President Duterte is still not keen on cooperating with any inquiry of the International Criminal Court (ICC) despite the latest Supreme Court ruling on the country’s pullout from the Rome Statue.
Presidential spokesman Harry Roque maintained that the President could not be compelled to cooperate with the foreign tribunal.
“Unfortunately, the lack of enforcement mechanism cannot compel the Philippines to cooperate when the President has clearly said we will not do so,” Roque said during a televised press briefing Thursday, July 22.
The Supreme Court has reportedly ruled that the country was still obligated to cooperate with the processes initiated before the ICC despite its withdrawal from the treaty that established the Hague-based tribunal.
Back in 2018, Duterte ordered the pullout of the country’s membership from the Rome Statute due to alleged violations of due process, among others. The pullout came shortly after a preliminary inquiry was initiated into the alleged rights violations related to the Philippine government’s war on illegal drugs. The ICC pullout was made official in 2019.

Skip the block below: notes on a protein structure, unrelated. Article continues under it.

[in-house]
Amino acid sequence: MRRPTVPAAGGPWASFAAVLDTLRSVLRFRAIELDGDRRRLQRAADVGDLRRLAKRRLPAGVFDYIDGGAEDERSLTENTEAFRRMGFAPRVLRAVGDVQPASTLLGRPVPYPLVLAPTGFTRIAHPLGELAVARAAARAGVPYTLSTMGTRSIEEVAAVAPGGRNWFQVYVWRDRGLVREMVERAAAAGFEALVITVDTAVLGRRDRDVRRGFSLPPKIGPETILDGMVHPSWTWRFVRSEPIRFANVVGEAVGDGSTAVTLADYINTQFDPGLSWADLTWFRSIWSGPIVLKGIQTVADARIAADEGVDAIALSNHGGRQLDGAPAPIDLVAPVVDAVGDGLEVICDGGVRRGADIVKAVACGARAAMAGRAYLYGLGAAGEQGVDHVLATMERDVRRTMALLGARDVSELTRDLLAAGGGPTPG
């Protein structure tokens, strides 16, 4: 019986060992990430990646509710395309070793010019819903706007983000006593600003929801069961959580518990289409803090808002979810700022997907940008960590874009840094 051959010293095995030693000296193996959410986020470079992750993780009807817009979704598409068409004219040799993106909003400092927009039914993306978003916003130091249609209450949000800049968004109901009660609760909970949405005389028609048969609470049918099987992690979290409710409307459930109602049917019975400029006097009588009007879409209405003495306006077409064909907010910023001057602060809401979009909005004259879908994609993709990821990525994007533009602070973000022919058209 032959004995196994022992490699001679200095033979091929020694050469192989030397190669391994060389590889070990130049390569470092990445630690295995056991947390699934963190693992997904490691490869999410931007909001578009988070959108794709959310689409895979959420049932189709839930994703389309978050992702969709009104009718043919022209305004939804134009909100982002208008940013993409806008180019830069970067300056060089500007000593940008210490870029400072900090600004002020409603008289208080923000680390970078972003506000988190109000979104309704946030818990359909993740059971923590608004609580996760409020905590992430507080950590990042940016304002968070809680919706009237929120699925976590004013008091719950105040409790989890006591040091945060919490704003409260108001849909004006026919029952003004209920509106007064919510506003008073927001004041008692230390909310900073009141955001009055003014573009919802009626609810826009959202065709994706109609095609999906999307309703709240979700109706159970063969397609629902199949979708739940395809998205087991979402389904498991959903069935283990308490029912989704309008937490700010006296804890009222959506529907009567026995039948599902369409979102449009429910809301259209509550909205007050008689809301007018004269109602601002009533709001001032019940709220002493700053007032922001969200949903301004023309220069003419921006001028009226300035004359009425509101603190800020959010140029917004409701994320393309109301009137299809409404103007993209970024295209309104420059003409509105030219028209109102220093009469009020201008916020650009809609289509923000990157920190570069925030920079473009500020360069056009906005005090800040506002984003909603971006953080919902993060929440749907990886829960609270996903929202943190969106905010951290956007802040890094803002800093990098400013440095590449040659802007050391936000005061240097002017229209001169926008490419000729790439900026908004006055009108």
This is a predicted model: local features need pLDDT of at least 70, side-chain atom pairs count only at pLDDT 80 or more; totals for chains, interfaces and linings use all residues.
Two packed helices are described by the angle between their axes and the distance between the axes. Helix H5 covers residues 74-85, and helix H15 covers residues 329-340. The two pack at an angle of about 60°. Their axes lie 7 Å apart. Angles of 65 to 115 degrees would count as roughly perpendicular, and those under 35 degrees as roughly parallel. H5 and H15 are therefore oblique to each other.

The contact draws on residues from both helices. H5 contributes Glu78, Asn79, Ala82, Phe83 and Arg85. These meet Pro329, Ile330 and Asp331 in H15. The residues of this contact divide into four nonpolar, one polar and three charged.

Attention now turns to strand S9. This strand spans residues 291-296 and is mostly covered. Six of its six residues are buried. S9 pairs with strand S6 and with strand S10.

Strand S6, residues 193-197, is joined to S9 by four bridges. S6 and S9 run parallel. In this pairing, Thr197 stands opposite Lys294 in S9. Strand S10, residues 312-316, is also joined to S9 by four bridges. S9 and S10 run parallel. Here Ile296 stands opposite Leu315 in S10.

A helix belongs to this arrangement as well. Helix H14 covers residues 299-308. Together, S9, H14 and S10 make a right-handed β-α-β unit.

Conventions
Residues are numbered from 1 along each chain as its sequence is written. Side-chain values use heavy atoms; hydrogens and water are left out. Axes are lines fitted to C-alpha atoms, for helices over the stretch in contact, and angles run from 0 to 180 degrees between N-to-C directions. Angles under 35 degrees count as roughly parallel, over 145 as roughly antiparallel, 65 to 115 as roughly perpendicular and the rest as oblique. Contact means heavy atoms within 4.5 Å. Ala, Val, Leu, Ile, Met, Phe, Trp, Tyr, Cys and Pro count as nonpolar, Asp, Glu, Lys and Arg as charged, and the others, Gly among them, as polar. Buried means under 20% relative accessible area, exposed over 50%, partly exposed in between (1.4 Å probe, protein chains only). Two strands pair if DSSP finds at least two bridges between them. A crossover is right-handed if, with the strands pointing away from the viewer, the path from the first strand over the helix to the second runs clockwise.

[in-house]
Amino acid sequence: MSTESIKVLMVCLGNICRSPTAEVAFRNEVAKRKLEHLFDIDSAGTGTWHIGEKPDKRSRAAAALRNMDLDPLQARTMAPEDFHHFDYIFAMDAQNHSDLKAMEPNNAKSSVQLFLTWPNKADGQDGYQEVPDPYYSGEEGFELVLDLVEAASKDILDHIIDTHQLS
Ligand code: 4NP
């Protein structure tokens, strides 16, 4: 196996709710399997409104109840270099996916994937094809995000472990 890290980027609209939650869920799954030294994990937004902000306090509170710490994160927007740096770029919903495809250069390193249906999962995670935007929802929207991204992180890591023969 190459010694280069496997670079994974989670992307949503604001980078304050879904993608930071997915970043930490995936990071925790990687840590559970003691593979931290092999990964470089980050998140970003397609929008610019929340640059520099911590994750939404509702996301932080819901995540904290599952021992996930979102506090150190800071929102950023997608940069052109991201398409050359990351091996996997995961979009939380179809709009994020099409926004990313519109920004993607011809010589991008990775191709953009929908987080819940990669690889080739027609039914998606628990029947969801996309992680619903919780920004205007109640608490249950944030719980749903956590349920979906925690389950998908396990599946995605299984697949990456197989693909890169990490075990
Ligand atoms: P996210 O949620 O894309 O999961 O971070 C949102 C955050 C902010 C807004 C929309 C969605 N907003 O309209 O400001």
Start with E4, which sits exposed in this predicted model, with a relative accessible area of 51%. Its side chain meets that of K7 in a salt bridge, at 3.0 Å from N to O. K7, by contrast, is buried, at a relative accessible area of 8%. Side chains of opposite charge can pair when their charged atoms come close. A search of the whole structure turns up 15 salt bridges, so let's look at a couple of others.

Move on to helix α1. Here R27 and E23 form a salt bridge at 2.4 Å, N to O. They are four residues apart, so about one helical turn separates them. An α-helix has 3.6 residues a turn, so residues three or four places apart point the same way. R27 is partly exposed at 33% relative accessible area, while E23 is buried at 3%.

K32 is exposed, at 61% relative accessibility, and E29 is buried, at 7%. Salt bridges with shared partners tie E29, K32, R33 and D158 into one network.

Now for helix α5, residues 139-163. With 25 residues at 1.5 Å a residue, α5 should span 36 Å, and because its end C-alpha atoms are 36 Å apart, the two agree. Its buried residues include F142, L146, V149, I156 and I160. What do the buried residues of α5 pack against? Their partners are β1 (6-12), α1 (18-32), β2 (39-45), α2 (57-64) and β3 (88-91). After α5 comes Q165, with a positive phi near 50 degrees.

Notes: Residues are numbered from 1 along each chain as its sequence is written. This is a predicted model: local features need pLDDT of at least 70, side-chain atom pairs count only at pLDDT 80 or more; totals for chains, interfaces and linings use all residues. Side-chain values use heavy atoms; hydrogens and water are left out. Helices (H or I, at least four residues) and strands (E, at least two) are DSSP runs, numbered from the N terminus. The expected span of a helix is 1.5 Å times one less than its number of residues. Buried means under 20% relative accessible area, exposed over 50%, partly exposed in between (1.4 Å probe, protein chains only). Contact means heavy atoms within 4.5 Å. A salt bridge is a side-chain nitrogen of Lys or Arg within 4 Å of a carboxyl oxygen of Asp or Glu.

“Even if it has deposited the instrument of withdrawal, it shall not be discharged from any criminal proceedings. Whatever process was already initiated before the International Criminal Court obliges the state party to cooperate,” the high court said in a decision.
The ruling was included in the SC decision junking a petition questioning the legality of President Duterte’s decision to withdraw the country’s membership from the Rome Statute without the concurrence of Senate. The high court ruled that the President enjoyed “much leeway” in withdrawing from an agreement if the country’s leader believes it violates an existing law or the Constitution.
Roque welcomed the latest court ruling recognizing the President as the primary architect of the country’s foreign policy. He said the court would not rule the petition against the ICC pullout was moot and academic if there was a violation of the law.
“Bilang chief architect ng foreign policy, hindi naman pupuwede limitahan ang option ng Presidente pagdating sa mga tratado na napirmahan na (As chief architect of foreign policy, the President’s options cannot be limited when it comes to signing treaties),” he said.
The President previously unleashed profanity-laced tirade against the ICC, insisting that not in a million years could the foreign tribunal acquire jurisdiction over him. Duterte said he would rather face charges before a court in the country than the “white people” in the foreign tribunal.
Duterte had argued that the Rome Statute, ratified by the Senate in 2011, was not enforceable in the country since it was not published in the Official Gazette, a legal requirement before a law takes effect.